In the course of seeking ways forward for Aid effectiveness, strengthening of country capacity to manage for results came as a huge challenge to the international community. In effect, the 4th Round Table at the Accra High-Level Forum suggested that Results management requires country systems to manage change, while leadership and capacities need to be developed to be able to achieve the required feat.

This is not unexpected because of the special need and the institutional settings in most developing countries, especially, Sub-Saharan Africa. The activities of communities of practice were therefore meant to focus on regional and country level awareness and application of results approach in public management. Furthermore, research reveals that  even more needs to be done at the country level and that awareness of managing for results need to be a priority and should cut across all areas and levels of the public service.  A survey of activities on most online platforms of CoP for MfDR point  to the need to not only involve national planning, monitoring and evaluation professionals, but the public service as a whole. And this should start by inculcating the political class (leadership), general management, administrative personnel and every other professional involved, in one way or the other, in the development management process, into the background, principles and methods on results-based approach[1].  This consideration, on one hand, is very essential as the next stage of action achieving development effectiveness in countries.

On the other hand, the lack of adequate management of residual knowledge across ministries and practice areas has been a challenge in the discourse for effectiveness of development delivery, especially in Sub-Saharan Africa. Although there has been a lot of efforts to ameliorate the state of knowledge management, the lack of resources or administrative leadership that gives knowledge management its place in the development process has restrained progress in many countries. Also, the need to streamline the role of foreign and national  professionals on projects in aid-recipient countries is becoming another  major course for concern. For example,  a survey carried out by the Nigerian National Planning Commissionidentified the fact that projects done through development aids often see experts from the donor countries dominating the management of its execution. According to the report, the formulation and implementation of donor-assisted programmes are currently characterized by inadequate involvement of indigenes, high cost of technical assistance, donor driven approach to aid delivery, proliferation of aid agencies, uneven spread of donor activities, institutional weaknesses, inadequate coordination and problem of counterpart funding[2]. This results into lack of continuous capacity building for national officers and has a strain on independence on programme execution that guarantees results through ownership.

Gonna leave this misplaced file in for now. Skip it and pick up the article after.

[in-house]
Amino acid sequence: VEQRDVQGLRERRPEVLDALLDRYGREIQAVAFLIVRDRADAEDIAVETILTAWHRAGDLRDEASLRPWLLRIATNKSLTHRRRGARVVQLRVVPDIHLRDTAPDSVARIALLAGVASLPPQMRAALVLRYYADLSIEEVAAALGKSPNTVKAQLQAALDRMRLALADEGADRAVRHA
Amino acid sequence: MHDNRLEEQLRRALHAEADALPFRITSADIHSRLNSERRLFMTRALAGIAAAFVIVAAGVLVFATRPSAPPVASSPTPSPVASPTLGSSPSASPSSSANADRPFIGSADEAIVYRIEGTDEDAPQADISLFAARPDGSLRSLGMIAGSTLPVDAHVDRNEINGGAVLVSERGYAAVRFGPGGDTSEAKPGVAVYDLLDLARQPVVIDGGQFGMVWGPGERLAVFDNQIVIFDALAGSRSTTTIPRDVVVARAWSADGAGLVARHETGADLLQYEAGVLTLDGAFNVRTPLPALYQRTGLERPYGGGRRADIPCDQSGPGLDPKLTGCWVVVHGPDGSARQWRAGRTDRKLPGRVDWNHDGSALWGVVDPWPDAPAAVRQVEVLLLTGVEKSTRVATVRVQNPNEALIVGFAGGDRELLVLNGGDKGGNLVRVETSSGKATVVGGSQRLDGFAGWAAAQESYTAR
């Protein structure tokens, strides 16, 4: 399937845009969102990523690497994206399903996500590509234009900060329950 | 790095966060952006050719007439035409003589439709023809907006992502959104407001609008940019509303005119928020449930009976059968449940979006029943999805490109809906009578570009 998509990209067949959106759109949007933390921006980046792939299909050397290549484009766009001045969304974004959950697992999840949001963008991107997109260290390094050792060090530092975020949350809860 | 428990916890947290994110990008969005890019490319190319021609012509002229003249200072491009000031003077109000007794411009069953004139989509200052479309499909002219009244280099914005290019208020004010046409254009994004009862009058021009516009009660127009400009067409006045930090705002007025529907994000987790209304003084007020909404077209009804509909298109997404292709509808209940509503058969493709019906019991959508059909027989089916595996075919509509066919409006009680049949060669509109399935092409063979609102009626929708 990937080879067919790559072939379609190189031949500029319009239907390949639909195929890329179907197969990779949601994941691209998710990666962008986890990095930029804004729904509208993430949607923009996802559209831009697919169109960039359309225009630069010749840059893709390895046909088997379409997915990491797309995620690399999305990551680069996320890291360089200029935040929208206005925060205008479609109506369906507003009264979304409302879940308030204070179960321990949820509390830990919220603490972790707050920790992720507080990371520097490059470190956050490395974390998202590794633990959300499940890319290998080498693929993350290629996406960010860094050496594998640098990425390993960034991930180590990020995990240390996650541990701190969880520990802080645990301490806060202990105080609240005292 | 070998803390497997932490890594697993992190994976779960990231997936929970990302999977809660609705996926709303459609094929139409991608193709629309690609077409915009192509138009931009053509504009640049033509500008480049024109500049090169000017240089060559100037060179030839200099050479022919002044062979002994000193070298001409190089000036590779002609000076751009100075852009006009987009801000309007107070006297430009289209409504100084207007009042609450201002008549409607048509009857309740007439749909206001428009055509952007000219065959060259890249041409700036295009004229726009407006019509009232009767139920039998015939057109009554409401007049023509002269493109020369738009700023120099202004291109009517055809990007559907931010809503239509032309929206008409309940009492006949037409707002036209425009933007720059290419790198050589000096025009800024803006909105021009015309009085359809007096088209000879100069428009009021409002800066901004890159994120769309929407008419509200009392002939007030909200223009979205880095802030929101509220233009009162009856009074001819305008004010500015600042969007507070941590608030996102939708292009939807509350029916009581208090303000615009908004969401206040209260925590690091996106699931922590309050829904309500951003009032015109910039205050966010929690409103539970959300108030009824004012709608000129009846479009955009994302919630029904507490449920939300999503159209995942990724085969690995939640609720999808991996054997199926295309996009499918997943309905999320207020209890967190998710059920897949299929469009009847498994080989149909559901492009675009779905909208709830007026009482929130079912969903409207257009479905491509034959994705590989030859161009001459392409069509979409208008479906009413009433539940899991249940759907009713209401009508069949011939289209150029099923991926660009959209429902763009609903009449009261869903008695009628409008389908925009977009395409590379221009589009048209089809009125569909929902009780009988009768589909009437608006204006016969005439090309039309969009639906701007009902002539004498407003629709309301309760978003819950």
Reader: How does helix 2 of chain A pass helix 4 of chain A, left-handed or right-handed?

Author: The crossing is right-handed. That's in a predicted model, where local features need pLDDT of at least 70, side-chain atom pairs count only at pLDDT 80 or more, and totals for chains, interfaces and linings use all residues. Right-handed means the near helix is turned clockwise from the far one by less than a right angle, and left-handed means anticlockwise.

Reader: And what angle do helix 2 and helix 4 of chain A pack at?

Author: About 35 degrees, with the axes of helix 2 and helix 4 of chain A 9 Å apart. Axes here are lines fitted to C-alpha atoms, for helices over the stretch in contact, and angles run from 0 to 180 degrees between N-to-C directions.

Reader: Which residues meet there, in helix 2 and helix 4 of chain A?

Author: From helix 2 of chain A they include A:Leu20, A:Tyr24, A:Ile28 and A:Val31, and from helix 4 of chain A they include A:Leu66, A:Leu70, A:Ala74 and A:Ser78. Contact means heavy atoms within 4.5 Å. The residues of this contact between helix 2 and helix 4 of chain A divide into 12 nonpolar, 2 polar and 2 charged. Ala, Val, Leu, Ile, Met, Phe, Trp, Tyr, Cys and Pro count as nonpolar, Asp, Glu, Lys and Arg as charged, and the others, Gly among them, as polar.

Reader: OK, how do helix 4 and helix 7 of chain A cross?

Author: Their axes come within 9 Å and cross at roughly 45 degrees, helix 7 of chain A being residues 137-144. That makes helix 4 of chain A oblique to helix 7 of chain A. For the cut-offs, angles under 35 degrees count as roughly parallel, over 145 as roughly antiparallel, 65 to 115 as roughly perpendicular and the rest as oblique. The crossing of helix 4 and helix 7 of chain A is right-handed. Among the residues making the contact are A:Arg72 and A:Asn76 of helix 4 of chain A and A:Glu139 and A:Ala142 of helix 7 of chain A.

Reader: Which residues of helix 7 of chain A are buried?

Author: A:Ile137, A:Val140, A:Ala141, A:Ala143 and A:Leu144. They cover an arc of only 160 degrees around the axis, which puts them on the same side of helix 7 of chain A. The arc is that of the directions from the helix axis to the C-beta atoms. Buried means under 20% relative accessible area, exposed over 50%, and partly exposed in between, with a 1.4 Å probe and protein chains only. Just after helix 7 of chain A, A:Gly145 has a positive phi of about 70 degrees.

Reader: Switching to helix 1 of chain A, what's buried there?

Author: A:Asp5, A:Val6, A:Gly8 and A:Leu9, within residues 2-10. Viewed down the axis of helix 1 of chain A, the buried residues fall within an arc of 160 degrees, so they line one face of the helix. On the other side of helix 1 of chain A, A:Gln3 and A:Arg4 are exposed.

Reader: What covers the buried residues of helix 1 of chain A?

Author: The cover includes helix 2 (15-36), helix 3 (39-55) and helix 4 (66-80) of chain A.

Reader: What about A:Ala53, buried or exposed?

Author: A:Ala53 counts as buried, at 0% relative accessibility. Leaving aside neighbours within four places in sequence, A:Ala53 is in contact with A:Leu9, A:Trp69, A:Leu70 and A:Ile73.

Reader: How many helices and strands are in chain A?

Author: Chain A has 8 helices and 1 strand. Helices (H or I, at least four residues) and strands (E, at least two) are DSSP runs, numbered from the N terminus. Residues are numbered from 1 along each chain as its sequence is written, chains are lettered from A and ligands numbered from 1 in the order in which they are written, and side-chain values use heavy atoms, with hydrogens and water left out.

These three dimensions, which stressed on moving from the level of aid effectiveness to development effectiveness, constitute the overarching objective, contributions and focus of 3psmars.

Therefore, by the means at our disposal, 3psmars will focus on:

  • Enhancing development effectiveness; through
  • Promoting the Results-based  approach;
  • Development Ownership;
  • Transforming leadership;
  • Local action with a global perspective; and
  • Collective responsibility

[1] See for example, Ethirajan Soundararajans post on  May 24, 2012 where he wrote: while so much of emphasis is given for Managing for Development Results at the Partner-Country level, it is essential that the same level of importance should be given at the Project Level as well. The accountability and ownership of all the stakeholders thus created through MfDR will ensure the successful implementation of the projects. Be it a donor or a government funded programme, the aspirations and needs of the beneficiaries need to be appropriately dovetailed in the plan and MfDR by its very concept ensures this. However, there are two impediments to implement MfDR at the project level: one- the lack of capacity amongst the programme managers and other stakeholders and two – absence of easy to use tool which could help in planning, implementing, monitoring the outputs and evaluating the impacts. It is my fond opinion that the project level MfDR will be the fundamental building block on which the national level MfDR can be built. Retrieved from, on 20th February, 2014.
[2] See, National Planning Commission, Nigeria (2007), The Official Development Assistance Policy, 2008, P3.

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